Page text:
Remember two pictures which were accompanied by gushing commentary?
The first was India’s Prime Minister Narendra Modi and Chinese Premier Xi Jinping sitting on a “jhoola” together in Gujarat. The second was Xi with Modi posing in his usual cos play dressed in a veshti in Mamallapuram resort in Tamil Nadu.
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Modi, even as Gujarat Chief Minister, had an excellent relationship with China, which unlike the West did not ban his entry post the 2002 Gujarat riots. Before the border tensions broke with China, which led to the loss of Indian lives the Prime Minister’s Office routinely used to speak of a “special relationship” with Xi with whom Modi has had more than a dozen meetings.
So how did Modi fall into the “Nehru trap” of China?
While Modi and the BJP make no secret of their derision for India’s first prime minister, Modi today is facing a crisis, which is identical to the one Nehru faced in 1962.
And, Modi who will turn 70 next week, may have his legacy marred by mishandling China much the way Nehru’s was spotty on his inability to suss the Chinese correctly.
As the Chinese border continues to be heated, Modi has done two things.
The first of which is vintage Modi play - he has withdrawn from any public engagement with the border stand-off. The face of the crisis is now Rajnath Singh, Defence Minister, who has been engaging with Russia and China, and External Affairs minister S. Jaishankar, who has been negotiating with China.
This follows Modi’s unreal claim post the Galwan valley shout-out in late May when 20 soldiers including an officer died. Two months ago Modi made an unbelievable statement at an all-party meet on China. He said in Hindi and I quote: “Na wahan koi hamari seema mei ghus aya hai, nahi koi ghusa hua hai. Nahi hamari koi post kise doosrey kei kabse mein hai” (no one entered our borders, no one is inside our border. Nor has any Indian post been captured).”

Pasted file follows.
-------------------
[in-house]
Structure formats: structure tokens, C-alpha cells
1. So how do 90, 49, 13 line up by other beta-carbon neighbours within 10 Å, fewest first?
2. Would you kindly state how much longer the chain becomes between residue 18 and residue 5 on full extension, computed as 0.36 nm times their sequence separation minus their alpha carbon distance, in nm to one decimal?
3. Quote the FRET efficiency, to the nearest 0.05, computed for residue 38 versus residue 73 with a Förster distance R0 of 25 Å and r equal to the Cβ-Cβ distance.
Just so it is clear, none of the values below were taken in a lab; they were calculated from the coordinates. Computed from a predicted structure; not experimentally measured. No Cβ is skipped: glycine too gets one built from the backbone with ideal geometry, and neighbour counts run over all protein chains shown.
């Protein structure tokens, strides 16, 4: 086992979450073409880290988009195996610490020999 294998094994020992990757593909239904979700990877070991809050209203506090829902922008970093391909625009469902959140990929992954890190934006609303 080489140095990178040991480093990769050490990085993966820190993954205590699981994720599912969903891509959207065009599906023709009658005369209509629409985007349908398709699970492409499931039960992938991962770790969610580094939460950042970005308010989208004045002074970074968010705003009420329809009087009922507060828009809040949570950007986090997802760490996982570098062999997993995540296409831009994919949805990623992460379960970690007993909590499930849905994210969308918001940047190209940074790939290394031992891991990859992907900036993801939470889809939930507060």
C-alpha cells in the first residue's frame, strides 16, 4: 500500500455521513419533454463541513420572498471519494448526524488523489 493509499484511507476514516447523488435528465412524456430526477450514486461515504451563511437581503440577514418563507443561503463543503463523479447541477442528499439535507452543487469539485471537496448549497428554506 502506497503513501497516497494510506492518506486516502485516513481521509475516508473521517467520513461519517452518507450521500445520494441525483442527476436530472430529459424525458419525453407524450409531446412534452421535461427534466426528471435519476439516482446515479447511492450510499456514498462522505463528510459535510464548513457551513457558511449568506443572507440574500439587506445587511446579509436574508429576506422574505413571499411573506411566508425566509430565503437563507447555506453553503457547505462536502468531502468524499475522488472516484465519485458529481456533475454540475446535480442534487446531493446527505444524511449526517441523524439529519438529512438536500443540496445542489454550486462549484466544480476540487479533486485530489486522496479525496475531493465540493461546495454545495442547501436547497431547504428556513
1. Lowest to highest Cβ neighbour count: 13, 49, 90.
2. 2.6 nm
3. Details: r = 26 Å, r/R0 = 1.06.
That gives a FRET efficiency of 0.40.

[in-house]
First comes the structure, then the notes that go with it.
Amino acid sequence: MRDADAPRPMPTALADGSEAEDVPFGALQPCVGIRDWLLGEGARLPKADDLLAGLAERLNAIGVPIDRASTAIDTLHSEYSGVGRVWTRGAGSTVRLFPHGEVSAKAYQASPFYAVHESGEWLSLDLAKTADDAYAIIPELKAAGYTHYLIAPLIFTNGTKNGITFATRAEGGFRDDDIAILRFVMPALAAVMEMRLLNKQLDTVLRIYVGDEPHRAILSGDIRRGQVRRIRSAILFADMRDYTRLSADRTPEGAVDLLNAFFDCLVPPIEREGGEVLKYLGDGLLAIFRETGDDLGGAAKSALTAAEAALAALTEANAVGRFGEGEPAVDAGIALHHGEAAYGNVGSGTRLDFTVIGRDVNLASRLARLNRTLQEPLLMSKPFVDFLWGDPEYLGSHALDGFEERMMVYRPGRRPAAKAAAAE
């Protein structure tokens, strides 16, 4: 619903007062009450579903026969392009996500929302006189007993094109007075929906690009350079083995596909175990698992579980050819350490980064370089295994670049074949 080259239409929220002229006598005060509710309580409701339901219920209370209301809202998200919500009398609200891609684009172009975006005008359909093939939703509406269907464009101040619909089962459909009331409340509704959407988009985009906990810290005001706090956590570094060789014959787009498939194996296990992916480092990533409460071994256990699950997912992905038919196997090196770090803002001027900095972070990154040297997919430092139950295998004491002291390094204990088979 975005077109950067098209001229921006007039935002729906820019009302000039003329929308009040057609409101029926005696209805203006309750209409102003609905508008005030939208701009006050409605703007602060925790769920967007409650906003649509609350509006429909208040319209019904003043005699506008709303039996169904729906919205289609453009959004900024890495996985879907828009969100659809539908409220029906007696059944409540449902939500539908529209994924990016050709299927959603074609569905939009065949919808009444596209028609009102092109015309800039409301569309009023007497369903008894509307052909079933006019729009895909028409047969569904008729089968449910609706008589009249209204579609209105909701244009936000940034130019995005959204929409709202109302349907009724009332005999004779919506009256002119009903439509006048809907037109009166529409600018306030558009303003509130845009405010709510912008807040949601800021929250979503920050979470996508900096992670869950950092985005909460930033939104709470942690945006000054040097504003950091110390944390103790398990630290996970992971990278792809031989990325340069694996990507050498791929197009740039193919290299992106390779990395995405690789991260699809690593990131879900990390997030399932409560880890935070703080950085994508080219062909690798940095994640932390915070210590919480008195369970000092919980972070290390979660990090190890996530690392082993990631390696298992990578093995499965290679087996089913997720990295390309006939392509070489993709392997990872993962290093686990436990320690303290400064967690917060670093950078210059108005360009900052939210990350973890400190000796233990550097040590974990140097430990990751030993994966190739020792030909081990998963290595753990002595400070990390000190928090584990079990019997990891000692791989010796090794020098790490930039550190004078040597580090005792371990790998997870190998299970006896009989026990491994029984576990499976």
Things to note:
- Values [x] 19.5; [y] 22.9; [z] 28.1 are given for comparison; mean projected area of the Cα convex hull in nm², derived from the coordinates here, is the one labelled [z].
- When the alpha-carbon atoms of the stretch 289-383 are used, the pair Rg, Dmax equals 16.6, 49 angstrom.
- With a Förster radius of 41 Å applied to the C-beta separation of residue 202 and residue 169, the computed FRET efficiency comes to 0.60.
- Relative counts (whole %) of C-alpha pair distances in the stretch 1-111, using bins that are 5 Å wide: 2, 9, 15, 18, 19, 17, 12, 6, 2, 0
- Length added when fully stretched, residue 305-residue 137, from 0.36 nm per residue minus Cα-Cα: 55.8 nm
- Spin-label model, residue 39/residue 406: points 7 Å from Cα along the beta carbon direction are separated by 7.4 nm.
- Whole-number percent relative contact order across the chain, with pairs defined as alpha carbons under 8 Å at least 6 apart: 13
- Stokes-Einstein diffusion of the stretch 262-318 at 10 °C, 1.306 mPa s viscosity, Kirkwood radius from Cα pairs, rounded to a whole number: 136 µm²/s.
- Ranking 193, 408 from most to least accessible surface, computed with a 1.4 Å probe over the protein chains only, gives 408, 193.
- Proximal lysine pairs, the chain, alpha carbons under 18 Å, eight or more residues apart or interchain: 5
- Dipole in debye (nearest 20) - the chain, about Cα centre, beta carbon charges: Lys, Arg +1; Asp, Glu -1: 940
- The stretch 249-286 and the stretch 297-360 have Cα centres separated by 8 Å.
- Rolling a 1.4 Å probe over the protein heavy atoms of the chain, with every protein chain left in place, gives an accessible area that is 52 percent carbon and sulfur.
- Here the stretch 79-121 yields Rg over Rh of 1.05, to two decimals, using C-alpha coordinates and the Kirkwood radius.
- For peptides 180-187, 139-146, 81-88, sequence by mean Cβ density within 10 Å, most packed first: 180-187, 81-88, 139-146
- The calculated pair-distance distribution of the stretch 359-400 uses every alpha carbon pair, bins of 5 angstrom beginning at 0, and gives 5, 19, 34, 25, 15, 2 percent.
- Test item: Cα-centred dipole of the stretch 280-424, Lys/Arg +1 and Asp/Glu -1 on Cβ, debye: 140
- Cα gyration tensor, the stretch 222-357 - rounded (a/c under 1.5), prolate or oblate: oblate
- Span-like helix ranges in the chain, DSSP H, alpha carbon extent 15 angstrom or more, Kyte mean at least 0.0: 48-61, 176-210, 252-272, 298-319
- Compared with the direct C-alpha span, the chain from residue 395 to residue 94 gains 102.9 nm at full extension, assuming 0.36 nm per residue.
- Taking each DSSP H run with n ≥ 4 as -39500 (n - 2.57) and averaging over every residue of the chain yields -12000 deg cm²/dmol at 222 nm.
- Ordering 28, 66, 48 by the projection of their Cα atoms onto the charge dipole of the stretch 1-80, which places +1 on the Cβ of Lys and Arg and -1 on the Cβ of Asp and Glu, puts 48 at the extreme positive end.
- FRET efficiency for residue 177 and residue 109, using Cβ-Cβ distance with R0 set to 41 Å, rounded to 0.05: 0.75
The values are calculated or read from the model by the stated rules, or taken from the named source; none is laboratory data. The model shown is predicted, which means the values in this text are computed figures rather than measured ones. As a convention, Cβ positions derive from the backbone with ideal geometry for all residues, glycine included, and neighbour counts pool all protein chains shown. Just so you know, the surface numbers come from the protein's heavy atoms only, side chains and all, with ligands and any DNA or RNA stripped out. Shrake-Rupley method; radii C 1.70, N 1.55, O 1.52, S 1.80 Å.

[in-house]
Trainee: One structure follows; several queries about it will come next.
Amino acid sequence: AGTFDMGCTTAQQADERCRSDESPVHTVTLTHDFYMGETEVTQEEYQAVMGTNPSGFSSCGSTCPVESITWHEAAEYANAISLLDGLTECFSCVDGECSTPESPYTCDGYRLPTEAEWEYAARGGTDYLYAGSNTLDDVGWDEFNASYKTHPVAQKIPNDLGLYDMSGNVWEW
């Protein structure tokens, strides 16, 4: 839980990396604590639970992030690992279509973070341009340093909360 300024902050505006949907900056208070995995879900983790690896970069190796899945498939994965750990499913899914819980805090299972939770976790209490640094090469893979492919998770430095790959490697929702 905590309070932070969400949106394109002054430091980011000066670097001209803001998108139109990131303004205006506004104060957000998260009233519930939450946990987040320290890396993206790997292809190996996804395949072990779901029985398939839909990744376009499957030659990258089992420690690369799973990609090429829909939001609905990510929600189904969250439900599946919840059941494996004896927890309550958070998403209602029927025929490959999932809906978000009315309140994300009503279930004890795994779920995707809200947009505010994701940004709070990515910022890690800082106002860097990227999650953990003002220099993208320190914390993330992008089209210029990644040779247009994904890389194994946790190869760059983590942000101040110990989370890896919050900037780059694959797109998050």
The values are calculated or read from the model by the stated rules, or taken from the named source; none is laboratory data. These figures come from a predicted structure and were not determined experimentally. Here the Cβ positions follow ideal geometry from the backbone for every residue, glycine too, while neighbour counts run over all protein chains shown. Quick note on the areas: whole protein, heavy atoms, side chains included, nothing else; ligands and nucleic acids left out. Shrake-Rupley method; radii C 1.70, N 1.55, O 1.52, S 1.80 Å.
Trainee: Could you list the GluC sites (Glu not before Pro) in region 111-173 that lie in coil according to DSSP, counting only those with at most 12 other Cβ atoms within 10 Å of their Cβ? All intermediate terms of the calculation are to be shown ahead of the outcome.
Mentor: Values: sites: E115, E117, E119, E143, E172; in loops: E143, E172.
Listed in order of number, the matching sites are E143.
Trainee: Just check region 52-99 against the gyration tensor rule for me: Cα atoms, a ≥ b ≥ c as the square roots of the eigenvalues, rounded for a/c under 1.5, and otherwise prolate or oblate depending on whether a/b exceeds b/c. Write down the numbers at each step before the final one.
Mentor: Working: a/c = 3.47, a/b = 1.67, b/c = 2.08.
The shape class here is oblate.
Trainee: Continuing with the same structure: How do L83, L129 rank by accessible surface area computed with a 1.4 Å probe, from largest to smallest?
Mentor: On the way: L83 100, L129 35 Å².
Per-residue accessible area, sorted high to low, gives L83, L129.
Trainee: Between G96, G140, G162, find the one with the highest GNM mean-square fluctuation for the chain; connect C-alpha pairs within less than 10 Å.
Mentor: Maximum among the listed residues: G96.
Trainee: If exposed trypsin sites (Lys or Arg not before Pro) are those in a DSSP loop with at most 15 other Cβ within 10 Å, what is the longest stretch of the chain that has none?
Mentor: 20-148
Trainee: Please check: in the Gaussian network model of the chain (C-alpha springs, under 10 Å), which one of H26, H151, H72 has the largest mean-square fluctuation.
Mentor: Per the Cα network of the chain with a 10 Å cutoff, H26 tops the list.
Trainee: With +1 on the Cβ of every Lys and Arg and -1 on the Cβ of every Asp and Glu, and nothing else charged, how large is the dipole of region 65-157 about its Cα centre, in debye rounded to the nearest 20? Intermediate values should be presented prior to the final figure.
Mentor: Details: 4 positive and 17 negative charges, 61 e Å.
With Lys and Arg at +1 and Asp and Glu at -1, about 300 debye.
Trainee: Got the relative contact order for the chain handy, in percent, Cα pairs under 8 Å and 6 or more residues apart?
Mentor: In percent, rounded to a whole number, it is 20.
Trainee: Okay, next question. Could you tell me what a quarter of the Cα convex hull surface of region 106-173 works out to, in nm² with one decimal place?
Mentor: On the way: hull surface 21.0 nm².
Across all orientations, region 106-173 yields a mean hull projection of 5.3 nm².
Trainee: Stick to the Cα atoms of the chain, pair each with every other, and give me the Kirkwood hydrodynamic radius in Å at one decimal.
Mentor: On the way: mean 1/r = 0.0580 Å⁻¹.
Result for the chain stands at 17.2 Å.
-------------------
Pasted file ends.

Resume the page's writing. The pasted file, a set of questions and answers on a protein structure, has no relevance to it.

This seems an inexplicable clean chit given by the prime minister no less as the border skirmishes continue. Yet, after this Modi has made no ostensible display of his stewardship of the China policy. This is similar to the way he has handled the pandemic of COVID-19, which will soon see India becoming the world number one in growing cases.
Initially, Modi was the face of the lockdown. He came on television and asked for thali banging, a solidarity light show and likened it to a 21-day battle.
Once the migrants’ crisis exploded and spread of coronavirus became uncontrollable, Modi withdrew himself. Now like the Chinese aggression, he no longer talks of COVID-19.
What this arguably does is shield Modi from public censure as he pitches himself as a sage above mundane affairs like border aggression and disease.
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The problem is that the Chinese have also sussed Modi and his desperation to always make the right headlines. Hence, the testing of Indian resolve much as it was done in the case of Nehru. Normally, the fact that you have an excellent personal relationship with your global counterpart should be a win-win for your country. Yet despite all those picturesque summits and meetings, Modi is unable to directly talk to Xi.
Much like Nehru, Modi fancies himself a global leader sitting at the high table as I repeatedly have argued here in my SWAT analysis. He likes to boast of his excellent equations with leaders such as “my friend Barack,” former United States president Barack Obama.
But, besides, photo opportunities these relationships need to deliver for India.
Currently with the border crisis at its worst, the jury is out on Modi’s foreign policy legacy. Perhaps, a picture with the Dalai Lama will send the right message to a watching world.